If you had your seeds started indoors in late winter you will have a load of vegetable seedlings to care for by March. We have a load of tomatoes, cucumbers, zucchini, and lettuce started indoors right now.
The heat-loving plants e.g. tomatoes will have to stay indoors until the weather is warm enough for them in our polytunnels or outside. With us, that is usually around mid to late April and if you live in colder areas it might be mid-May. The seedlings will need good care until then to have strong plants that will grow healthily.
You want to avoid conditions that will make the plants leggy and starved because they will be slower in their development later on.
Poor quality seedlings will also be more prone to pests and diseases. Instead of getting established quickly these plants will take several weeks to recover before they start growing and producing.
Once the seeds have germinated all you have to do is keep them moist...but not wet! I prefer to do the watering with a spray bottle every couple of days because the fine mist doesn't harm the tender young seedlings. Make sure not to overdo the watering particularly at this early stage. The plants won't need a lot of water yet and if they are kept too wet they will get affected by a fungal disease. This is called 'damping off'. The seedlings basically collapse and die. No feeding is necessary at this point.
Also important is to keep them in a bright spot so they don't go tall and leggy. If you don't have good light for your seedlings you can use grow lights. These have the right spectrum of light for plants which is different to ordinary light bulbs.
Seedlings that are kept indoors until the weather is warm enough for them like tomatoes might outgrow their small pots, plugs or seed trays after a few weeks. Once you see roots coming out at the bottom of the pot and the seedlings have set the second set of leaves it is time to transplant them into bigger pots.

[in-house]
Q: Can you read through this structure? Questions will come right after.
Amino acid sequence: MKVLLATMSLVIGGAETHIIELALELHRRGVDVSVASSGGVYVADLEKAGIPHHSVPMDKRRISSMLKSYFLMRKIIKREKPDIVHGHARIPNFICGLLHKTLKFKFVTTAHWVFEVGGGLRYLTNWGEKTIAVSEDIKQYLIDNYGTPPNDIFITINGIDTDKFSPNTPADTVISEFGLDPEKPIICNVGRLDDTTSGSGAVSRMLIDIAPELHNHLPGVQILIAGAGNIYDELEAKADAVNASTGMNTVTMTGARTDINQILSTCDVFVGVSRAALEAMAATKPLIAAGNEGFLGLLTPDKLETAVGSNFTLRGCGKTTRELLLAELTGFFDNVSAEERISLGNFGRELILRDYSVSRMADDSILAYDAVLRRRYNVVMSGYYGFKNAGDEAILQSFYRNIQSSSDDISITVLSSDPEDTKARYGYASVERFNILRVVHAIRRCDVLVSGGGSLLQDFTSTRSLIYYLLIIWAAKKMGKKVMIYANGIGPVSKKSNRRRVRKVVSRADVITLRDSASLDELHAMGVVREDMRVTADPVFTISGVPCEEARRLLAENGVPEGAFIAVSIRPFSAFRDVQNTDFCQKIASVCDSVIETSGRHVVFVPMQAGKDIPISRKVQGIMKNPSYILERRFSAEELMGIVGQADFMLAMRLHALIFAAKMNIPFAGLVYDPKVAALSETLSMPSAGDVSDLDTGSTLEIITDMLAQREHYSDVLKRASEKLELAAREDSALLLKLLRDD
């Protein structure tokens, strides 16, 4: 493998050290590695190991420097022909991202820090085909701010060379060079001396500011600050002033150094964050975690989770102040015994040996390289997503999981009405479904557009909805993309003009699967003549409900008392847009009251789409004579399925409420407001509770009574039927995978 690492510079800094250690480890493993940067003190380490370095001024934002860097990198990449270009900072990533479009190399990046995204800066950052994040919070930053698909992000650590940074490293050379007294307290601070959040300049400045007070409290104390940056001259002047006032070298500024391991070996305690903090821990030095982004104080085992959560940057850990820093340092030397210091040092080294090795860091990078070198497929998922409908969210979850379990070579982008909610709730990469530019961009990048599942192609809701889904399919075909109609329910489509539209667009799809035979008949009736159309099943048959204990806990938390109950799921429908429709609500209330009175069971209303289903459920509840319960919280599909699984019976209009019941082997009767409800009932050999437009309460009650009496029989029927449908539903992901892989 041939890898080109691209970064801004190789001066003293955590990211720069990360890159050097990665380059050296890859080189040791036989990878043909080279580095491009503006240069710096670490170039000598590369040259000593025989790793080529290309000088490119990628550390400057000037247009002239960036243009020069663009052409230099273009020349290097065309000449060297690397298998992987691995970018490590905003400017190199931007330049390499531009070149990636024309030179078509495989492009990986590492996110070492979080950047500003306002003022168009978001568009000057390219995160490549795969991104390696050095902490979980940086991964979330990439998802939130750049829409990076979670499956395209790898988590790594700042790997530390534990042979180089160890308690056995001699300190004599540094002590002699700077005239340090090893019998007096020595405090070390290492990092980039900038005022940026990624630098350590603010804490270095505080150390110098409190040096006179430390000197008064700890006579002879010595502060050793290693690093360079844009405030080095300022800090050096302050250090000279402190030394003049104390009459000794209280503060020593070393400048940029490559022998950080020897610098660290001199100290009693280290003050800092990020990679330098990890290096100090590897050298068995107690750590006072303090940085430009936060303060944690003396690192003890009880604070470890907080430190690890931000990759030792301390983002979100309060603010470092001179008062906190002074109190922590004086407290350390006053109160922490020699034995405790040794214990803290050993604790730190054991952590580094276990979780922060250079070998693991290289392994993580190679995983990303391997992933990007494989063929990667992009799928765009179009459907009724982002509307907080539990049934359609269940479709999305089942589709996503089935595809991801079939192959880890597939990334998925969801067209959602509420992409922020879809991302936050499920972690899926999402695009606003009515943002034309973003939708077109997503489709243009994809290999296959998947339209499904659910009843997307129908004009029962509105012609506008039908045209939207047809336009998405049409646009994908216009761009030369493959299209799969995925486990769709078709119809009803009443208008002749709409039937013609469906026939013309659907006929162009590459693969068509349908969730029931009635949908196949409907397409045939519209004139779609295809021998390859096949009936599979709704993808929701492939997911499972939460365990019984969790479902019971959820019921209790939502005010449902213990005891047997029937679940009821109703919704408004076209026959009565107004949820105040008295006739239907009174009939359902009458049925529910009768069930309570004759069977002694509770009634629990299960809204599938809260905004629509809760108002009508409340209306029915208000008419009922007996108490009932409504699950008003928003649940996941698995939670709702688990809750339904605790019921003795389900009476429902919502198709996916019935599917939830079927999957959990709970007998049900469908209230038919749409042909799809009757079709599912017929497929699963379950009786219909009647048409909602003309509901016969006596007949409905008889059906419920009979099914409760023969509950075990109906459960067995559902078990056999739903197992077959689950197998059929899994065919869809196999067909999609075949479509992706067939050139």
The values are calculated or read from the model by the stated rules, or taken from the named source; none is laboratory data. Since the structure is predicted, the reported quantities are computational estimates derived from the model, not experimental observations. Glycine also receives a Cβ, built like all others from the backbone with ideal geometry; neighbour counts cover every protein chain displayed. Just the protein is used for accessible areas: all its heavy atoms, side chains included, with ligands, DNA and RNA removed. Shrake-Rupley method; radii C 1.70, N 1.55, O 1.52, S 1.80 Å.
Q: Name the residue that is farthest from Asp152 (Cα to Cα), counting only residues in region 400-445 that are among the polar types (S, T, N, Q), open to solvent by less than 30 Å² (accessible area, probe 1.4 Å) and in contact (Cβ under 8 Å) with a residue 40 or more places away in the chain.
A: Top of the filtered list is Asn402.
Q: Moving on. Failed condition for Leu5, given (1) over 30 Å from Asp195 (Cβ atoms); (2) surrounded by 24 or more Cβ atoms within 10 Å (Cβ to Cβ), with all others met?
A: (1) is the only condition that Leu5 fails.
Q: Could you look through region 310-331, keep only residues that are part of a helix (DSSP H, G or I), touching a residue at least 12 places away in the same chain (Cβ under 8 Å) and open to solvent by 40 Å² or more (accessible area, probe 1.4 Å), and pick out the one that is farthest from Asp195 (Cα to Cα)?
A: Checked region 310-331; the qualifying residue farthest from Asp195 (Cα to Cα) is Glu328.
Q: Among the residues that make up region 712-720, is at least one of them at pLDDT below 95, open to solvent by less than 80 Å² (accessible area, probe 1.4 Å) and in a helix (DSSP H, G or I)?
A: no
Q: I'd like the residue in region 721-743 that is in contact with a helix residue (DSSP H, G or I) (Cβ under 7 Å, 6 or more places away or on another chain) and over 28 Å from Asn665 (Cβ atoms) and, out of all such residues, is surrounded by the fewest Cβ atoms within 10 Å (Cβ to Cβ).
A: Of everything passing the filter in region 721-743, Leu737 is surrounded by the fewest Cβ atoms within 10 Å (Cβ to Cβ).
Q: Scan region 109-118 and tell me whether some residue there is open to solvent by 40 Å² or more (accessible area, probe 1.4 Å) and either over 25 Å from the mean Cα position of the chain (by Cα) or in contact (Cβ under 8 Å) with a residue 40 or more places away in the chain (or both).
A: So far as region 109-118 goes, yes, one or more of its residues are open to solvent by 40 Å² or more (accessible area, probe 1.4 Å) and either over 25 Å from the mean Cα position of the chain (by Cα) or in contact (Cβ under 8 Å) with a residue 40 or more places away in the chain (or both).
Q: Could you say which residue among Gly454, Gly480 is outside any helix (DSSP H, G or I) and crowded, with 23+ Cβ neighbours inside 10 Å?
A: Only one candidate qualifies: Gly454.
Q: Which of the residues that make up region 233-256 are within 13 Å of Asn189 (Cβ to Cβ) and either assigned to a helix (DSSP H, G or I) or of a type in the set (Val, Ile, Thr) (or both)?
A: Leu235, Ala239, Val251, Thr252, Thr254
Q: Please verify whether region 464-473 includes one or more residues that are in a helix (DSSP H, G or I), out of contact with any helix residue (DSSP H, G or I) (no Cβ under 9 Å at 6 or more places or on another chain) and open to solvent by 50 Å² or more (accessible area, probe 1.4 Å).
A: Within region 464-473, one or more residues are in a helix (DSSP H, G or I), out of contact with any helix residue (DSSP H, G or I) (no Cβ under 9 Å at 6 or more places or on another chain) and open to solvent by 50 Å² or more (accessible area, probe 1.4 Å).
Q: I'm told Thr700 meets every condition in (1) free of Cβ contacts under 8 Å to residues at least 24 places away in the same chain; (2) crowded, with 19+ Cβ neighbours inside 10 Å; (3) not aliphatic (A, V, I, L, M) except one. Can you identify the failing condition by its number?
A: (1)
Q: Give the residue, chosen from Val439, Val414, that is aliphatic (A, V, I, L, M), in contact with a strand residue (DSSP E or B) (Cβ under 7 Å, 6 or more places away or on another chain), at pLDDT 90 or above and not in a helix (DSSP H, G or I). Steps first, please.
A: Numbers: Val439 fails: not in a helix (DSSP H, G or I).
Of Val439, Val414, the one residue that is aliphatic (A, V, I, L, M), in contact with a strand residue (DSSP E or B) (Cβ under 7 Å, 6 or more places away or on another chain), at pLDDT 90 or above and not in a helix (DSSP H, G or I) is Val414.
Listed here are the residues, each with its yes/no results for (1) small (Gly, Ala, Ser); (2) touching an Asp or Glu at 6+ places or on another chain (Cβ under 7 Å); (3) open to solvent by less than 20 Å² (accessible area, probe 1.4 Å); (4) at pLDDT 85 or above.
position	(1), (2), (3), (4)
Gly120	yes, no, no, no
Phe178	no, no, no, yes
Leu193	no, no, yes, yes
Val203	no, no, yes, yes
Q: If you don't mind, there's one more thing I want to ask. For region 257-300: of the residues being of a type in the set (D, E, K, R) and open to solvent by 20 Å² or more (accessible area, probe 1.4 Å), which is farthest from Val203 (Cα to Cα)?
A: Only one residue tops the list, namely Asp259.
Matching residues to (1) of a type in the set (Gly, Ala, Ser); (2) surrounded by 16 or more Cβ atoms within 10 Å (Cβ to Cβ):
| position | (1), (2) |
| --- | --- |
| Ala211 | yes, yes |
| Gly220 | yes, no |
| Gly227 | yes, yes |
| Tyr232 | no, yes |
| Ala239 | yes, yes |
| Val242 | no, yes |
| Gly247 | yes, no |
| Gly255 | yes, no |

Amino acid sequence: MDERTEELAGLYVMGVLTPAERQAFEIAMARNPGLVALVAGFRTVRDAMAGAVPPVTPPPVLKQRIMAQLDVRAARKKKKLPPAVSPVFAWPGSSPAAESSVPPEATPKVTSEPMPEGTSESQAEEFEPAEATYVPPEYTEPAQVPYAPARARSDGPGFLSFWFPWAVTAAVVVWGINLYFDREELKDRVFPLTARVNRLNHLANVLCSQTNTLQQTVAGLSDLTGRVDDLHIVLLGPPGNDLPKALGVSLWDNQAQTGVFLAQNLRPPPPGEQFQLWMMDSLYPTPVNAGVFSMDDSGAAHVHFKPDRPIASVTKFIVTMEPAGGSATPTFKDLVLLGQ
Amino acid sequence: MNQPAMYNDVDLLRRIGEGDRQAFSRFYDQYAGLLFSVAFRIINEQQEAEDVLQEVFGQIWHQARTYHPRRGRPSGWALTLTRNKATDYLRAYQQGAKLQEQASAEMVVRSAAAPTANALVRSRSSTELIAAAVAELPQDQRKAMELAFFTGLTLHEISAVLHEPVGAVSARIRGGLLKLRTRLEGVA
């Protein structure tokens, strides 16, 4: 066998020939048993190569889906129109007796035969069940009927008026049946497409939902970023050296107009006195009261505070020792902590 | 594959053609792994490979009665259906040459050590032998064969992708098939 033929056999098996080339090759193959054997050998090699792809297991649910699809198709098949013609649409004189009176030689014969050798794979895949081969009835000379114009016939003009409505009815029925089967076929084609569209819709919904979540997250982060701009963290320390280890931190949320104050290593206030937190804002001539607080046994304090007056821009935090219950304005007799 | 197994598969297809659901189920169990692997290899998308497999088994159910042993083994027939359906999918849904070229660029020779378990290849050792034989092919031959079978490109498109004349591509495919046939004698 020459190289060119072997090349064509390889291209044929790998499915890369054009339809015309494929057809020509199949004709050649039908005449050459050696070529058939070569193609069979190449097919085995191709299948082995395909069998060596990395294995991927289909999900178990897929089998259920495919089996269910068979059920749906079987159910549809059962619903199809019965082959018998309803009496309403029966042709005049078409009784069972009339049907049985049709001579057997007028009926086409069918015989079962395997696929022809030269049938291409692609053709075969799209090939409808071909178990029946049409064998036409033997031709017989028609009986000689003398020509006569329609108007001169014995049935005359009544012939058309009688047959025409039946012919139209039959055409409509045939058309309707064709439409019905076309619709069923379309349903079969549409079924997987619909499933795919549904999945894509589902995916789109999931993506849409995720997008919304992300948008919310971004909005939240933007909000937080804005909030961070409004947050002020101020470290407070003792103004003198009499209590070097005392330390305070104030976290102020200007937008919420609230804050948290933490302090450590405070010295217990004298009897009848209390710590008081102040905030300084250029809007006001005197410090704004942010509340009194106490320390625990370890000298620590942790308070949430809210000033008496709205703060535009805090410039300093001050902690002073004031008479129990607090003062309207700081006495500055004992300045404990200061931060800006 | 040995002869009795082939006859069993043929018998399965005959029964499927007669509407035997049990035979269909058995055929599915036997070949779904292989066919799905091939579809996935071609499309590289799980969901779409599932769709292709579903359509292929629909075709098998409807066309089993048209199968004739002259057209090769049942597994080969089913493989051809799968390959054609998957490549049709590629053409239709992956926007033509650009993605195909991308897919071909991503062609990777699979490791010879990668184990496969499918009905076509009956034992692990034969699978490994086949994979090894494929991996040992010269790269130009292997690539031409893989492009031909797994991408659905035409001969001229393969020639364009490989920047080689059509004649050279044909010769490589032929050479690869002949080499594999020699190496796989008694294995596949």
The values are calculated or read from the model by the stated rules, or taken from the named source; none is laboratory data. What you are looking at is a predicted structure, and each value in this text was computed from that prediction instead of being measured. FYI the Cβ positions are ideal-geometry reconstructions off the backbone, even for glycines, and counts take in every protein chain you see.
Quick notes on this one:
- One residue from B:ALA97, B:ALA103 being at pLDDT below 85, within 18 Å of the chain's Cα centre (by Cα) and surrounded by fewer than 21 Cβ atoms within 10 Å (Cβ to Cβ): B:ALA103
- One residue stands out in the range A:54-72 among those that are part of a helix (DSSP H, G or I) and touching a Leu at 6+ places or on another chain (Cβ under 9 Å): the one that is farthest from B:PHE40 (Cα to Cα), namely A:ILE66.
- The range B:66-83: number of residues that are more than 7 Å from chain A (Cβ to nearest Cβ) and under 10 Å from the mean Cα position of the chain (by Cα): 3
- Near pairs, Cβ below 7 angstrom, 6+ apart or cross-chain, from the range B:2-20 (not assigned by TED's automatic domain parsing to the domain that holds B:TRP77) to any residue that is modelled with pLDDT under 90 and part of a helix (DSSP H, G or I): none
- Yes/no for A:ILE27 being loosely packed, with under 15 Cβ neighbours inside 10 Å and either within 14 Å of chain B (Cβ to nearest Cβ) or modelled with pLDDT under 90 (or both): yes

We always add some organic fertilizer and seaweed powder for extra minerals to the potting soil. This will keep the seedlings growing healthily and vigorously and we don't have to worry about adding a liquid feed to the water for 5-6 weeks.
If you don't do this you will have to use a liquid organic fertilizer once a week. I would also recommend using liquid seaweed because it really helps the seedlings to grow a good root system and to be disease resistant.
A week or two before planting the seedlings out you should harden them off. This basically means that you have to get them used to outdoor conditions like sunlight, a breeze, and cooler temperatures. Bring your seedlings out for a few hours a day. Choose a sheltered spot that is a bit shaded so that your tender seedlings don't get burned from the sun. I know that this step sounds a bit labor intensive because you have to carry everything in and out for several days but you could risk all your hard work if you don't harden them off.
I have to admit that we often skip this step because we have just too many plants and seedlings. Instead, we use garden fleece to protect the young plants from too much sunshine and cool temperatures. I explain the benefits of using fleece here.
You can also use a cold frame or hoop tunnels for hardening off the seedlings.
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Here are our March Gardening Tips to get your garden ready for spring!